I bought a pack of beef, sliced very thinly (RM10.90)…

…and rolled up. We can get these very easily at the meat shops nowadays, ready for use in your steamboat or shabu-shabu/hotpot or to cook in whichever way you want.

I prefer to buy these beef slices as they are very thin and no matter how you cook it, it will not be tough. In the past, I used to buy the meat, imported from Australia and New Zealand and I really did not know which part would be the best. Besides, slicing it would be such a chore and at the end of the day, the meat was too tough and eating it would be such a struggle.

I was thinking of cooking beef soup with the meat, my late mum’s recipe with beef, Bombay onion, potatoes and lots of peppercorn. However, my missus said she would cook it and told me to just leave the meat there and this was what she came out with…

Yes, it was beef soup all right but I don’t think there was any Bombay onion in it and no, there were no potatoes either but yes, it was very nice with the very strong fragrance and flavour of the beef. By dinner time, all of those had gone into the soup and it was absolutely delicious! The meat became quite bland though but it was all right, dipped in my missus’ own homemade chili and ginger dip.

The lobak (radish) made me think of the Korean galbi tang that I like a lot. I was glad that the beef tasted…like beef. We had the Australian wagyu rolls (RM33.50, 300 gm)…

…for our steamboat dinner that day and though it was very nice, very tender, it did not have that beef taste or if it did, we could not tell at all. Yes, I know some people get put off by the smell of beef, lamb, duck, wild boar and so on but that is the thing that makes them what they are. I know somebody who will tell you that without the unique smell and taste, then it is not what it is supposed to be – no need to waste your time (and money) eating it!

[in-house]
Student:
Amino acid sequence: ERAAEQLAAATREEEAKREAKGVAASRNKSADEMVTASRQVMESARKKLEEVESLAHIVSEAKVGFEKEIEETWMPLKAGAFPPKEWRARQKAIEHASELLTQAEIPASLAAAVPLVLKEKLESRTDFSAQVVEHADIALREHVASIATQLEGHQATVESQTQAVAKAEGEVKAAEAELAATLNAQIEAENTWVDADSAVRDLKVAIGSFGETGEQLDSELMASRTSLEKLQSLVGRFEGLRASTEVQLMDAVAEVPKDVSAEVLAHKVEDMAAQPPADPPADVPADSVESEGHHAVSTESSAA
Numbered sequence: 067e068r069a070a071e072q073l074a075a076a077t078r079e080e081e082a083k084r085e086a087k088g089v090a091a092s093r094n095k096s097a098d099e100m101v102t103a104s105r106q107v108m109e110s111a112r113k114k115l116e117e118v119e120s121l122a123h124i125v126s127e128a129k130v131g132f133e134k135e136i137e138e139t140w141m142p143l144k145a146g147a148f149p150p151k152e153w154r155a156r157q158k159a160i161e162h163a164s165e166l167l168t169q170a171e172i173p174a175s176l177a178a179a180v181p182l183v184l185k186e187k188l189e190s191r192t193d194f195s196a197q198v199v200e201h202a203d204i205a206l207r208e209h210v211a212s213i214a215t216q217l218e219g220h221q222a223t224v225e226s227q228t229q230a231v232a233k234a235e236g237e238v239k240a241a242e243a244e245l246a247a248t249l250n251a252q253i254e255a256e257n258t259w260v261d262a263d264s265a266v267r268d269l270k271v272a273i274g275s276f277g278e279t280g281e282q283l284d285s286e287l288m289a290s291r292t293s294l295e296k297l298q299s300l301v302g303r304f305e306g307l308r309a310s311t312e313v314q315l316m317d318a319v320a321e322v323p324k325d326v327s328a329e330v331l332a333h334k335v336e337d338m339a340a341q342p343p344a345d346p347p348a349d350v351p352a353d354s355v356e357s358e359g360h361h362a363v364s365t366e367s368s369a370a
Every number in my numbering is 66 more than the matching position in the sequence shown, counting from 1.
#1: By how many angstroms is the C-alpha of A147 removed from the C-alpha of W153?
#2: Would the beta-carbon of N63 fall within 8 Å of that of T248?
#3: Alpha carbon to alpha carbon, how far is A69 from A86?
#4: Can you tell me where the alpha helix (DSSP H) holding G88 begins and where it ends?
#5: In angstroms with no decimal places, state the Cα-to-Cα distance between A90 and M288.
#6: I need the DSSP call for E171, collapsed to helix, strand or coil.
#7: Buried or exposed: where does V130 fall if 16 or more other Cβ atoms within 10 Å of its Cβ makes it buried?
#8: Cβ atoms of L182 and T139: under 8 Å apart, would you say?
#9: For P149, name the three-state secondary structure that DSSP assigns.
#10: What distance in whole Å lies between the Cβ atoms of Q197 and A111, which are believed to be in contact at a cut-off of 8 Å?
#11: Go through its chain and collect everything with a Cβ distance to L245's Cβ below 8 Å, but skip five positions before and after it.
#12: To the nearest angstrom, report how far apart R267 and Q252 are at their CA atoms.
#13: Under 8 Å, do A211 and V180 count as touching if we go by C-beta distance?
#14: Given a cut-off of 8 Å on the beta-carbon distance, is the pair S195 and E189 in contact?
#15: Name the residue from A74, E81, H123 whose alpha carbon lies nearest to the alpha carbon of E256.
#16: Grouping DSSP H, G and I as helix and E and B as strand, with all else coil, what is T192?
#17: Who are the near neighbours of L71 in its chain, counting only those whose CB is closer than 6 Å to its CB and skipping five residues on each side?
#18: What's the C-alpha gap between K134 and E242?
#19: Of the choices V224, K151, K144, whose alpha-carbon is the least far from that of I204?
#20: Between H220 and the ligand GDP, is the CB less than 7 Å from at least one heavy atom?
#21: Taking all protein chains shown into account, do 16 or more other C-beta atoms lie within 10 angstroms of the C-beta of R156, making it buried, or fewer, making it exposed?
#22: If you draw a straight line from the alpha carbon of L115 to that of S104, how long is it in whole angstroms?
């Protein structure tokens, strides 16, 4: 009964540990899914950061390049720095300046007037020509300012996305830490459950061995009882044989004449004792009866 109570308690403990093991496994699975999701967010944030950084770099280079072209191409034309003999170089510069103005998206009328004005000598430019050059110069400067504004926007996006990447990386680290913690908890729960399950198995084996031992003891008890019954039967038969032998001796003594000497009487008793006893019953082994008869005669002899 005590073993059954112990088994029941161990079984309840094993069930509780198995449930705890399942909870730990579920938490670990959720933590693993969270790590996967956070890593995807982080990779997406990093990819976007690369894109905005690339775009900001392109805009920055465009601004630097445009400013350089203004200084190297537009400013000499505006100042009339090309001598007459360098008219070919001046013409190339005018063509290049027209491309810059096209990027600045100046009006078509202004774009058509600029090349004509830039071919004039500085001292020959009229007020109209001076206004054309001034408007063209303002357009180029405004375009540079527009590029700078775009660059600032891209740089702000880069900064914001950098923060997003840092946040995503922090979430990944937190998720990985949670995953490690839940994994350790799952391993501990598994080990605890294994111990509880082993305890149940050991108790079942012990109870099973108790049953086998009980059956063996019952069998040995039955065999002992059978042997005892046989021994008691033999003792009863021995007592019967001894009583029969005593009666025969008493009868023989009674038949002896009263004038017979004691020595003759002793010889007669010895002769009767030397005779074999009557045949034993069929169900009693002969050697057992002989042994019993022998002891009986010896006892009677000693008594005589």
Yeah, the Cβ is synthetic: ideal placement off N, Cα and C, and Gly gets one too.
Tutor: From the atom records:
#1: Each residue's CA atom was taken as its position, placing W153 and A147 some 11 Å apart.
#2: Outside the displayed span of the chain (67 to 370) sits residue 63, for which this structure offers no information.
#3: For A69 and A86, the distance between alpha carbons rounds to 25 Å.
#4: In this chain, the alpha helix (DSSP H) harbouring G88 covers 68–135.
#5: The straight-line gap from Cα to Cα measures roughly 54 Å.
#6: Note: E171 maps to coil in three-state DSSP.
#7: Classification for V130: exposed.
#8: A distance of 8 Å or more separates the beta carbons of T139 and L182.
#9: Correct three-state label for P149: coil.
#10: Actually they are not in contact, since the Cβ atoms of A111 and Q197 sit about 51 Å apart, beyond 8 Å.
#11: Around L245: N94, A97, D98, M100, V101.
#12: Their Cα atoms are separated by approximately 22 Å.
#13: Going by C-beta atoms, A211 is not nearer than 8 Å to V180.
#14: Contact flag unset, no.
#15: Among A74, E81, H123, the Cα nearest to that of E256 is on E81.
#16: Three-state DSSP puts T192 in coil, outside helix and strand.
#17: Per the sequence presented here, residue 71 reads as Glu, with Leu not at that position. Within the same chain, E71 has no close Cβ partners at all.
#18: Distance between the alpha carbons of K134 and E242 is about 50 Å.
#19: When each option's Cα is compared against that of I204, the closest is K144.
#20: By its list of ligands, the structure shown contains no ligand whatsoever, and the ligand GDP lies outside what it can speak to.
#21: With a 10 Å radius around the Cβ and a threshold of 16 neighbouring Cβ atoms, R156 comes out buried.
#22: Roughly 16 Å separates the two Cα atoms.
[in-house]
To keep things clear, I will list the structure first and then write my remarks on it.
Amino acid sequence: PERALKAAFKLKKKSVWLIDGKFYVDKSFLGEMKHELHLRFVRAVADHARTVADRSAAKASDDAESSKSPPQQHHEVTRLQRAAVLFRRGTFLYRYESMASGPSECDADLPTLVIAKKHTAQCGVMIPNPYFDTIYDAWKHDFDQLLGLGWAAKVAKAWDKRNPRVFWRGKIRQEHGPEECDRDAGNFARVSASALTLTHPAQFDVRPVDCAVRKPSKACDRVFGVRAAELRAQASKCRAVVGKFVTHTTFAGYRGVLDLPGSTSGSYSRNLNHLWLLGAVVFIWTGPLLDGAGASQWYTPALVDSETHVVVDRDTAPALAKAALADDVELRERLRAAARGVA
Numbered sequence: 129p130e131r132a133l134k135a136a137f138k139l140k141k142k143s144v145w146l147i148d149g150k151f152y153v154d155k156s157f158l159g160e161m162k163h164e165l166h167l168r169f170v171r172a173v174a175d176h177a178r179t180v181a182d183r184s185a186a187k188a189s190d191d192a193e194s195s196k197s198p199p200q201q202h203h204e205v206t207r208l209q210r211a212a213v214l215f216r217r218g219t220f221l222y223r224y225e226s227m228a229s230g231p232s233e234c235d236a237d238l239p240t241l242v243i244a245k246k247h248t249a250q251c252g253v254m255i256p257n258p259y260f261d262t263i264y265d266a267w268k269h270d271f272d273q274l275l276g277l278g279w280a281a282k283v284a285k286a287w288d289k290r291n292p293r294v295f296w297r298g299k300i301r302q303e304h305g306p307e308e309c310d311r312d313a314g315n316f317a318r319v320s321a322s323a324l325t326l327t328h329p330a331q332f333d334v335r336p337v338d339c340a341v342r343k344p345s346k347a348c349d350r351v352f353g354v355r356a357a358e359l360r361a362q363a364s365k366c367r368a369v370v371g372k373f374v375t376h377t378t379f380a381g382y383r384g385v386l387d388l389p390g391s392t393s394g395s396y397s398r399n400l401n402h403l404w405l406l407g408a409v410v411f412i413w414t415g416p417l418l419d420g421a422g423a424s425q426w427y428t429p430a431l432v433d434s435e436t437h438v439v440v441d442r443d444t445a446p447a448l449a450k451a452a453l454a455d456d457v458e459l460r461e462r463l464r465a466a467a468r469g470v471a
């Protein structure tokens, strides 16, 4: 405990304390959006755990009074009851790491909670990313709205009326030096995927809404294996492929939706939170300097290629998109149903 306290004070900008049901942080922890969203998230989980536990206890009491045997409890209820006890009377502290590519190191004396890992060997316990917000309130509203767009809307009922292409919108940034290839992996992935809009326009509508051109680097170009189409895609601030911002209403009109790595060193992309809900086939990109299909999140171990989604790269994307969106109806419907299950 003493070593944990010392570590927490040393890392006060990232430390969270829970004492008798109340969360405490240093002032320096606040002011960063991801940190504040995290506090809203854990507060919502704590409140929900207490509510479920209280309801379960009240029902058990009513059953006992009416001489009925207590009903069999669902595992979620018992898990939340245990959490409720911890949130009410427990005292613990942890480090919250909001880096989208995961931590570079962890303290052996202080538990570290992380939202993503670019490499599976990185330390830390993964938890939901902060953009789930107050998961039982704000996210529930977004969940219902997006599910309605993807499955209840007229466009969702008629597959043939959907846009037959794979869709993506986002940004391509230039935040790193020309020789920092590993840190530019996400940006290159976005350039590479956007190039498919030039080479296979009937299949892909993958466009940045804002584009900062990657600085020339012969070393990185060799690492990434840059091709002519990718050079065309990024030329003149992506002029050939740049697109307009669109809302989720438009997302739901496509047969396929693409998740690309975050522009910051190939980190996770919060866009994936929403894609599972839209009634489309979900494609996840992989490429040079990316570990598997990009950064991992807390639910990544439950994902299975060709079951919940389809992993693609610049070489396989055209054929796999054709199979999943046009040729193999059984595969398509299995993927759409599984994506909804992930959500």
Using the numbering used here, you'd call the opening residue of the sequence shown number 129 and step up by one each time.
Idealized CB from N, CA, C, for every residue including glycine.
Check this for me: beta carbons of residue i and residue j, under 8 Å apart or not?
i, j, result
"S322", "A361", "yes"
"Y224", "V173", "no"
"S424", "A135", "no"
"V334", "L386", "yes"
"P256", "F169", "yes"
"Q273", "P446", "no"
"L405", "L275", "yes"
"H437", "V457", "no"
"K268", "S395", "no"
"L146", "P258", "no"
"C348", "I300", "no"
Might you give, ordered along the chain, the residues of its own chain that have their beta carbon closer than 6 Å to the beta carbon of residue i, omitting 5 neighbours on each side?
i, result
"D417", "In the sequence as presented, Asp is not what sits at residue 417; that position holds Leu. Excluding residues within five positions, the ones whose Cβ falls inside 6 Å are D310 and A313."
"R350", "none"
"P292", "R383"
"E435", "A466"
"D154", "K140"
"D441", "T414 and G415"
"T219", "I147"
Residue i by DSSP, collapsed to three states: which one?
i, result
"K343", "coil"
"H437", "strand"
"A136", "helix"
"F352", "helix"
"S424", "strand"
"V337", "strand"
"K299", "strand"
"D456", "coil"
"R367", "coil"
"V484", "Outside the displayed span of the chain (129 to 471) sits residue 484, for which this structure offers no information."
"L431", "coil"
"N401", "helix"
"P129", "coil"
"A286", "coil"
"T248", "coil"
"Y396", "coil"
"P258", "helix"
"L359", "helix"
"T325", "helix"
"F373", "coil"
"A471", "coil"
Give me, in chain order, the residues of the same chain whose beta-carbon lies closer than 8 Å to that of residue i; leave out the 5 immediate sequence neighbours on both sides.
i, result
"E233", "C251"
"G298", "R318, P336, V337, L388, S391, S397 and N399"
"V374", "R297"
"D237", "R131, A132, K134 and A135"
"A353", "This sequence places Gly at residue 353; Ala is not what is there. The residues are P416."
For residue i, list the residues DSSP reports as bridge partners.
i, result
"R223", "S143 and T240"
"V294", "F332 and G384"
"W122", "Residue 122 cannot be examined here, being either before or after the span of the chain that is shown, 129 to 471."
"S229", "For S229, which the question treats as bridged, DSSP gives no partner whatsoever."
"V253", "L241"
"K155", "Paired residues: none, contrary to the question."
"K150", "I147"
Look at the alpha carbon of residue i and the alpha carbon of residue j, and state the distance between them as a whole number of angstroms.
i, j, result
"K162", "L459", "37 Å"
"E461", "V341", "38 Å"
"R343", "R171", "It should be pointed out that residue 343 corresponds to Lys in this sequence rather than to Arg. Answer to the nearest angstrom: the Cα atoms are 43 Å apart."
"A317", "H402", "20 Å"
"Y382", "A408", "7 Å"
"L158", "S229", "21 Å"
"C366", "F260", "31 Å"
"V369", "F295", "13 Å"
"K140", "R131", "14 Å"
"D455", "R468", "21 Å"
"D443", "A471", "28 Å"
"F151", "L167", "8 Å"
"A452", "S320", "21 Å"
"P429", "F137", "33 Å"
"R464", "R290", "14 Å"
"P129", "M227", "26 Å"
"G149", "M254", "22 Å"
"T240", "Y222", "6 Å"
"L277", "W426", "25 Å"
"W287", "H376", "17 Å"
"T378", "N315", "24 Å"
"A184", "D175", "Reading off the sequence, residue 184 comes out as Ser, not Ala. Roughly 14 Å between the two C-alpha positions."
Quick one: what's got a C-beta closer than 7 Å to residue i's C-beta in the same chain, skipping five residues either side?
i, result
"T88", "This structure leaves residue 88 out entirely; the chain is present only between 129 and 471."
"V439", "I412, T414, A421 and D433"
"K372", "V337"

Since we enjoyed the soup and the meat that day, I certainly would want to buy it again, RM10.90 for 300 gm so that would be over RM30.00 a kilo. I think that was more or less the going price many many years ago at that Malay fresh beef stall at the Sibu Central Market.

That day, my missus also cooked this bayam (Chinese spinach) with mee kua (mee sanggul)

…a dish that she said they would cook and enjoy in her family during her growing up years.

CCL FRESH MINI MARKET is located at the end of the block to the right of the Grand Wonderful Hotel (2.309601, 111.845163) along Jalan Pipit, off Jalan Dr Wong Soon Kai (formerly Jalan Pedada).

Author: suituapui

Ancient relic but very young at heart. Enjoys food and cooking...and travelling and being with friends.

12 thoughts on “Slice…”

  1. I for one that is not into beef. Having said that, I do love beef noodles whereas for lamb I don’t think I have ever tasted it. Last time I used to love Ah Mui beef noodles but now I prefer the one from a corner shop in Carpenter street. The meat is so nice and very tender.

    1. Carpenter? Clear soup? I prefer the clear soup ones to those Taiwan-style beef noodles. Rather disappointed with Ah Mui. I liked the Nuromen one that I tried that day.

      1. Yes, China/Carpenter Street, the shop that sell very nice Hakka mee. Theirs is Taiwan-style. I prefer clear soup beef noodles too but sometimes for a change from the usual, I will go for Taiwan-style beef noodles. Simply delicious.. 😋😋

      2. We have a lot of those Taiwan ones in Sibu – will go for it sometimes for a change but of course, must know where to go to for the good ones. We have very few places selling the clear soup ones – one or two good ones, one old school one and the Sabah franchise which isn’t anything to shout about, not like the original in KK, so so so good!

    1. Yes. I noticed that the price is reasonable too, not extra expensive, more or less like what I would have to pay when I used to buy fresh beef at a Malay stall here.

All opinions expressed in my blog are solely my own, that is my prerogative - you may or may not agree, that is yours. To each his/her own. For food and other reviews, you may email me at

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